Indian authorities force sanitation workers to wear tracking devices
Often lauded as technology-forward and as an early adopter, the Indian government is using increasingly stringent and invasive monitoring and surveillance technology on some of its lowest-paid workers.
Municipal authorities across the country are requiring sanitation workers, “Safai Karamcharis,” to wear GPS-enabled tracking devices during their work hours. The watch is also equipped with a camera that takes live snapshots, and a microphone that can listen in on conversations.
If a worker leaves a geo-fenced area or takes a break, they potentially face salary cuts and even dismissal. The workers are also responsible for maintaining the device; if it breaks down, the cost of a new device can be deducted from their pay.
So, how do authorities justify this level of surveillance?
They claim that close monitoring will increase efficiency and attendance rates at work. Back in November, authorities in Chandigarh, the Le Corbusier-designed joint capital of the Indian states of Punjab and Haryana, sent legal notices to 82 safai karamcharis for being absent from their scheduled shift. Last month, the New Delhi-based Internet Freedom Foundation, an advocacy organization, sent an open letter to the National Commission for Safai Karamcharis decrying the “constant and dehumanizing surveillance of Safai Karamcharis” and quoted the workers comparing the monitoring to the “ancient practice of upper castes exerting control over lower caste workers.”
Sanitation workers, the letter goes on to say, have expressed their concerns “over the resultant physical and mental issues that will ensue as a result of wearing these devices.” The project was introduced back in 2020. Since then, workers have organized multiple strikes and protests, all without any success. The program has only grown. The Internet Freedom Foundation cited “multiple” reports of such surveillance tactics from the cities of Ranchi, Nagpur, and Ghaziabad, in the states of Jharkhand, Maharashtra and Uttar Pradesh in the east, west and north of India respectively.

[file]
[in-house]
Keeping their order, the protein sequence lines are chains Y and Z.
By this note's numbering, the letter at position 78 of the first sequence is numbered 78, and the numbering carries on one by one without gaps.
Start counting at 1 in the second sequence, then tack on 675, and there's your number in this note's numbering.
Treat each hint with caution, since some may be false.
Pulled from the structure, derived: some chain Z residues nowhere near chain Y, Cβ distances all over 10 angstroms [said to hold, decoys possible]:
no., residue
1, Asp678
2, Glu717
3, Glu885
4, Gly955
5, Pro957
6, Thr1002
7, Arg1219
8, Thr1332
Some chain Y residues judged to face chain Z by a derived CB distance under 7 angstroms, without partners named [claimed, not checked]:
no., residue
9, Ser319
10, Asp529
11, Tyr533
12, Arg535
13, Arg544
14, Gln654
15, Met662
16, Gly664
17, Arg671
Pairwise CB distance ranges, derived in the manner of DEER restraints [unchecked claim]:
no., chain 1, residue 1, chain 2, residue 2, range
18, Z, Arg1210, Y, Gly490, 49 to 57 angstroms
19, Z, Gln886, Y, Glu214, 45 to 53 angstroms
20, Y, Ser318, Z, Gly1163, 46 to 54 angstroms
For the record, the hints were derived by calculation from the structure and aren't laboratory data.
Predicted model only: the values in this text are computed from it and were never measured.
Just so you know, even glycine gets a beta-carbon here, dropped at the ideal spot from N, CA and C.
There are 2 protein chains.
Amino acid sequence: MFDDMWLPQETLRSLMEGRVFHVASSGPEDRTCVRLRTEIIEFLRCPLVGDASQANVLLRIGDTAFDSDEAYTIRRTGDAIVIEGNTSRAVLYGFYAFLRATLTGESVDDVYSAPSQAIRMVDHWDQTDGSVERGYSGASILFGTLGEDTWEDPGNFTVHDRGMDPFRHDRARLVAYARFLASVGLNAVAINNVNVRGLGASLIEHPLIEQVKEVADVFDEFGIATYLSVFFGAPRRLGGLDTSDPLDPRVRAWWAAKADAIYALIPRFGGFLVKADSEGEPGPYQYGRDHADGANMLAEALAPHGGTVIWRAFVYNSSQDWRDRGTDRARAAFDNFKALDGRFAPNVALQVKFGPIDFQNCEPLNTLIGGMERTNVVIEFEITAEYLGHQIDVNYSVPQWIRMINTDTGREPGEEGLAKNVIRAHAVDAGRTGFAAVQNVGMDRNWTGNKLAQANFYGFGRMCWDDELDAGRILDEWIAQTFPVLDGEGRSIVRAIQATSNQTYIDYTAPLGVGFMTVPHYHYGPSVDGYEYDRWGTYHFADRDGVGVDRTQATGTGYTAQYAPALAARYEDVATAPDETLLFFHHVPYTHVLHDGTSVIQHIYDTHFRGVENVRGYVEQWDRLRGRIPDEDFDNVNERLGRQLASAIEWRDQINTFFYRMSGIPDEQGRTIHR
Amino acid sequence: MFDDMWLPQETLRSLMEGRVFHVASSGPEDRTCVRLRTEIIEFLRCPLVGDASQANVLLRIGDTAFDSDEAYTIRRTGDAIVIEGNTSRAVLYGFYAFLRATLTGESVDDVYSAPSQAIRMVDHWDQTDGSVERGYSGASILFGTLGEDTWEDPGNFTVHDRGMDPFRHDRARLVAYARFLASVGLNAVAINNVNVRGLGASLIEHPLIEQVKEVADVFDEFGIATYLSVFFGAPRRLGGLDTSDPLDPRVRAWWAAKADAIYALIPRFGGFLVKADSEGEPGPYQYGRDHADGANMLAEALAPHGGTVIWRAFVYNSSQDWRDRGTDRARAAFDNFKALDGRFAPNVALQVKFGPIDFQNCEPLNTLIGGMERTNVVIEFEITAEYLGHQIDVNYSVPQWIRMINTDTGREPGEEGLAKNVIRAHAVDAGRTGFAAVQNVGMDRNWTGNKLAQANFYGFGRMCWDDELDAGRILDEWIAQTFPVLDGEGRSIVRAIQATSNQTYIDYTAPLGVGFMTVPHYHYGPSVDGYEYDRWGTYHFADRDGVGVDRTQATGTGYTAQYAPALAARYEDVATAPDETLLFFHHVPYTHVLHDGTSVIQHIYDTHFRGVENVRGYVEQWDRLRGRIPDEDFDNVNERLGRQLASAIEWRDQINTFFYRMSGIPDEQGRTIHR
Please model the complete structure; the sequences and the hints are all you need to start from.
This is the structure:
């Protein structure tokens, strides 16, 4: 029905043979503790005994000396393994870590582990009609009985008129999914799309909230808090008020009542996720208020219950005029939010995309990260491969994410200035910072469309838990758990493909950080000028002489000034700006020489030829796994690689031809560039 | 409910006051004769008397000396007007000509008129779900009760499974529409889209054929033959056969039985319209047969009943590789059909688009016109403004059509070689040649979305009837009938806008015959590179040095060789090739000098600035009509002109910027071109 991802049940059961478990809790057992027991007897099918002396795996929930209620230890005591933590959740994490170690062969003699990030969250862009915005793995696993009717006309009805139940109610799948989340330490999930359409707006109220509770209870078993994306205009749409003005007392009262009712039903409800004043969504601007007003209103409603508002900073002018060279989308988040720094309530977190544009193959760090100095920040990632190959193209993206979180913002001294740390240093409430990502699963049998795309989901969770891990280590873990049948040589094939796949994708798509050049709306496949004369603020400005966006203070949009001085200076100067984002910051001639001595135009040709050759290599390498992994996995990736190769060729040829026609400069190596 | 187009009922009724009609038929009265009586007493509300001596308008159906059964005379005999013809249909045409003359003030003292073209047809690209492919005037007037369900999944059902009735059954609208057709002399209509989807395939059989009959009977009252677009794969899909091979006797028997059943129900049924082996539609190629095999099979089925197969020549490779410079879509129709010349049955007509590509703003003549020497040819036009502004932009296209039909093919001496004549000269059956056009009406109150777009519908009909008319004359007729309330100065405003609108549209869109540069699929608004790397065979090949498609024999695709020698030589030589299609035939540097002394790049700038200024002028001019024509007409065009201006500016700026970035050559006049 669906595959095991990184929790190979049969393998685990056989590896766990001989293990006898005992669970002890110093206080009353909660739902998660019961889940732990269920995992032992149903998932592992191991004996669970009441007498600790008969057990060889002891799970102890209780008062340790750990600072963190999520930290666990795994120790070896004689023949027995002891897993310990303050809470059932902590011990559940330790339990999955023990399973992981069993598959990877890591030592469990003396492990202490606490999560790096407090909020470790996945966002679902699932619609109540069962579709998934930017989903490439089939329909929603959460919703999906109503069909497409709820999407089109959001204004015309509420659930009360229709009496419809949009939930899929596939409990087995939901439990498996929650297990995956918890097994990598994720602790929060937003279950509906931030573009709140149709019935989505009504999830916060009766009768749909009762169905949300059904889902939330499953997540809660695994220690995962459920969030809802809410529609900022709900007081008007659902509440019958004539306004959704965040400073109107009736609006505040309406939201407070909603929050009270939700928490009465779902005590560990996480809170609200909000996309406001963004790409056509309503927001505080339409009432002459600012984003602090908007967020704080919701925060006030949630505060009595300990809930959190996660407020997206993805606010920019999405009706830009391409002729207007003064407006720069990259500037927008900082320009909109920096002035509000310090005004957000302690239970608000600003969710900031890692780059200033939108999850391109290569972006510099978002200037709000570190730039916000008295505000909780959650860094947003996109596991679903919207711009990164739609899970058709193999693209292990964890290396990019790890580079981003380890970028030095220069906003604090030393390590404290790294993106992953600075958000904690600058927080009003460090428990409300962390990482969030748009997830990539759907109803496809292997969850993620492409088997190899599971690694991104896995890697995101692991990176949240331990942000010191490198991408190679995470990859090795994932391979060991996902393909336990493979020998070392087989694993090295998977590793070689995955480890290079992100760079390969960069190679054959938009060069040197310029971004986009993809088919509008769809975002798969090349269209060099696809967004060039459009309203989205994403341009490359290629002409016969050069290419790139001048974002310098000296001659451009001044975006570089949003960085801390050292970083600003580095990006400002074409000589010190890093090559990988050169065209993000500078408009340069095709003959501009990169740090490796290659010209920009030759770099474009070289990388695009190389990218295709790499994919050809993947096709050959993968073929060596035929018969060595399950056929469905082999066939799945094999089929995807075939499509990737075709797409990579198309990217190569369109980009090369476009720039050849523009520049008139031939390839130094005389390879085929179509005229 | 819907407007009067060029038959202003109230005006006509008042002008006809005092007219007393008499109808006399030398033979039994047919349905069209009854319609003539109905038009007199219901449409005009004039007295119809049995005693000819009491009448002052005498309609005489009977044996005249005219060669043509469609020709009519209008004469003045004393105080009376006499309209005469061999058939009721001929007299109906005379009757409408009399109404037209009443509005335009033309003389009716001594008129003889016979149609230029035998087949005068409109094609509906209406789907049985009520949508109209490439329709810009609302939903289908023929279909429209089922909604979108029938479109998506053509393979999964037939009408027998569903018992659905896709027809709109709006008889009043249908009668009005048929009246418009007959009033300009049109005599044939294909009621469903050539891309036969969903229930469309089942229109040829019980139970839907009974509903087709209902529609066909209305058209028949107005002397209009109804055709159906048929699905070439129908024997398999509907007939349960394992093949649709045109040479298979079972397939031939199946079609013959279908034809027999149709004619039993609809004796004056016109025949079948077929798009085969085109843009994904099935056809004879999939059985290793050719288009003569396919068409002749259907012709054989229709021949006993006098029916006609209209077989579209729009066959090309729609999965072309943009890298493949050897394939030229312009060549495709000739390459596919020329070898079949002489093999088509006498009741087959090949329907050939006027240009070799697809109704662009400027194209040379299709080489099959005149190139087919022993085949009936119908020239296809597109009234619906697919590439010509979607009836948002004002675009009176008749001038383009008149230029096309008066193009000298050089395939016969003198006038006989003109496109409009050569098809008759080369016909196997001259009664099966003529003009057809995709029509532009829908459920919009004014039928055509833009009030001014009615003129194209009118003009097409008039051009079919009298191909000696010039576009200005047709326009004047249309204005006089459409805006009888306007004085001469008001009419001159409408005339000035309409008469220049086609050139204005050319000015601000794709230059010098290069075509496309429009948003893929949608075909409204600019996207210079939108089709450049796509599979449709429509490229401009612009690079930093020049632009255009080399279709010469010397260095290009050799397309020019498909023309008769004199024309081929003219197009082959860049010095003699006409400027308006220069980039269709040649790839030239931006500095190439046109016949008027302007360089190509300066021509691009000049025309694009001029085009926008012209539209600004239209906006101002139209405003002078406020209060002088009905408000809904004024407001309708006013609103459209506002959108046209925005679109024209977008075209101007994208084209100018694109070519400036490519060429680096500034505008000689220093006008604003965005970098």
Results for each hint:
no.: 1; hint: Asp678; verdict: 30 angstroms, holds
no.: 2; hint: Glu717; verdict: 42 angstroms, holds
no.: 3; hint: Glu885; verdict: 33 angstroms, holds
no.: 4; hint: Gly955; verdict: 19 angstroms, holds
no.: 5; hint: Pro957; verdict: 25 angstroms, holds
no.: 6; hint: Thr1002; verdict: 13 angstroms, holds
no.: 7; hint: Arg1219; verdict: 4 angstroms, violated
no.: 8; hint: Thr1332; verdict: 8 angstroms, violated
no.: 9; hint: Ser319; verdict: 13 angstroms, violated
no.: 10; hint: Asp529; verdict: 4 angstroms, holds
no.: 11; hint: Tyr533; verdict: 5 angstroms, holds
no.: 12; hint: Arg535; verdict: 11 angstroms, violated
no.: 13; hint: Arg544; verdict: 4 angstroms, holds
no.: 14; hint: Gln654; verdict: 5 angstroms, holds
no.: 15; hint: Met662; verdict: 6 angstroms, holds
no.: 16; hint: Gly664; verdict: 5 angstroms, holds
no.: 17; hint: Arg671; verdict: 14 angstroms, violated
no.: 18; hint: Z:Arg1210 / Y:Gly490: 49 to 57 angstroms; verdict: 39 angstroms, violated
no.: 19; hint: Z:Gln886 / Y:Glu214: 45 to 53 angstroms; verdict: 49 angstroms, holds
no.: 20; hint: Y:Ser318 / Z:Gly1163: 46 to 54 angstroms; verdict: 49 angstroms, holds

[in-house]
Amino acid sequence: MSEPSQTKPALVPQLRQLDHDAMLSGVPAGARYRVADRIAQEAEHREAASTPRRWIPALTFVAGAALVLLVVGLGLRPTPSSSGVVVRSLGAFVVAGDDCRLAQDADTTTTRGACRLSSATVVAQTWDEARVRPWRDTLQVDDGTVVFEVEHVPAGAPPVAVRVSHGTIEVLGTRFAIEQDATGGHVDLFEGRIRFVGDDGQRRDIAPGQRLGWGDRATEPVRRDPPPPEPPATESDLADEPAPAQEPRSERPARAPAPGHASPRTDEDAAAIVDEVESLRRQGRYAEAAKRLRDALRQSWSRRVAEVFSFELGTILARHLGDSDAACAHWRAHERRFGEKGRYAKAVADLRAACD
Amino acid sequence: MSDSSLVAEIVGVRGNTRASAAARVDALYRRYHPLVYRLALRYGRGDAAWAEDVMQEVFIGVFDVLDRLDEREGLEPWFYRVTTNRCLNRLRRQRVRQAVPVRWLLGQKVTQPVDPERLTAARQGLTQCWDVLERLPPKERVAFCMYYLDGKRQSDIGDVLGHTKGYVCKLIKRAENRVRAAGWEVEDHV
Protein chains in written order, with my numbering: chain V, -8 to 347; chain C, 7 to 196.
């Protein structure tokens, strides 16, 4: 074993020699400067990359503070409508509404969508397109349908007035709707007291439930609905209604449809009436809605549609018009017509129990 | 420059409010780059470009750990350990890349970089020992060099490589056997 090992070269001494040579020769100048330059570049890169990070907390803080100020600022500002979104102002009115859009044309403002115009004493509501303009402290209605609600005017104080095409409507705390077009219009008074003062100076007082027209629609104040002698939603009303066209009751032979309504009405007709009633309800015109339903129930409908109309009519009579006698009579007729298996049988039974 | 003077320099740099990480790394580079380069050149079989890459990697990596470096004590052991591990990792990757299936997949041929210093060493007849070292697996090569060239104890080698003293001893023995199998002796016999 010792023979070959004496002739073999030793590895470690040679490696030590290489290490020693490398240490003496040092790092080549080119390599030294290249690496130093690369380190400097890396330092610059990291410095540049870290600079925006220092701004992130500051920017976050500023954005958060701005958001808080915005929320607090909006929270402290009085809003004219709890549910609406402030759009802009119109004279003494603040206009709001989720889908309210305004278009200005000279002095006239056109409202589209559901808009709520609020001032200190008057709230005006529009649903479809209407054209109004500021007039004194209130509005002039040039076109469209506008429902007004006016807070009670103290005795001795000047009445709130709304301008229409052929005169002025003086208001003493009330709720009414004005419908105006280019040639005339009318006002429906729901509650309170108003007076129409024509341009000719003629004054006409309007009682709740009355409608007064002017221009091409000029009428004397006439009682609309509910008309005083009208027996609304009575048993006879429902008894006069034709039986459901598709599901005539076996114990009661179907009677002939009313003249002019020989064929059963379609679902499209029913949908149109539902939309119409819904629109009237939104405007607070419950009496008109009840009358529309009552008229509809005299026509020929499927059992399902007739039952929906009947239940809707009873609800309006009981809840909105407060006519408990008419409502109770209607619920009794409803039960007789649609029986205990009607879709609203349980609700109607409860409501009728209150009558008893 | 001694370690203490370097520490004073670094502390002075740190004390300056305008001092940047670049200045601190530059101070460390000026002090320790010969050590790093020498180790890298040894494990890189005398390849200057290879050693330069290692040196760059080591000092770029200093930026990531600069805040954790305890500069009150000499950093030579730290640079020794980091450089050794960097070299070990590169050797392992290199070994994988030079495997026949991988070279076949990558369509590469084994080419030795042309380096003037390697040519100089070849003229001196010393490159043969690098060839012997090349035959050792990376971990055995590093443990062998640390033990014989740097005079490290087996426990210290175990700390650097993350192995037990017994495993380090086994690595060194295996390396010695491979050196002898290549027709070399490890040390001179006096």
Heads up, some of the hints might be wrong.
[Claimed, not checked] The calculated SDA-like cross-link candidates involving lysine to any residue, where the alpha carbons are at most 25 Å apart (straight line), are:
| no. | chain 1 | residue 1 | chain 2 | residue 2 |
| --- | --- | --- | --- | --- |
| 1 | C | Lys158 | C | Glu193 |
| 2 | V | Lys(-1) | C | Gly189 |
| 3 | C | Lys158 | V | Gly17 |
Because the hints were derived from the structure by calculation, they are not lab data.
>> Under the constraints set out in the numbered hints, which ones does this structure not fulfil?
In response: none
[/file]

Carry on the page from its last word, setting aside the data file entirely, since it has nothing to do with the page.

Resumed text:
Safai karamcharis have low salaries and are often left without any protective gear. They see improved working conditions as the way to improve productivity, but municipalities appear to believe that the budget is better spent on micro-surveillance devices.
I spoke to Anushka Jain from the Internet Freedom Foundation to understand how this constant monitoring affects the morale and working lives of safai karamcharis.
She told me that because of the microphone in the device, workers are scared to talk freely with their colleagues, and “women even feel that they cannot go to the bathroom since they are afraid that the male supervisors may surveil them in the restrooms.”
Jain also explained that the Safai Karamcharis, predominantly belong to Dalit and Adivasi communities as well as other oppressed sections of the society. She notes that this type of surveillance is a result of both caste and class issues. “Historically, these groups have been under the control of so-called upper castes and classes in India. That’s why they don’t feel that it’s problematic to dehumanize them.”
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WHAT WE’RE READING:
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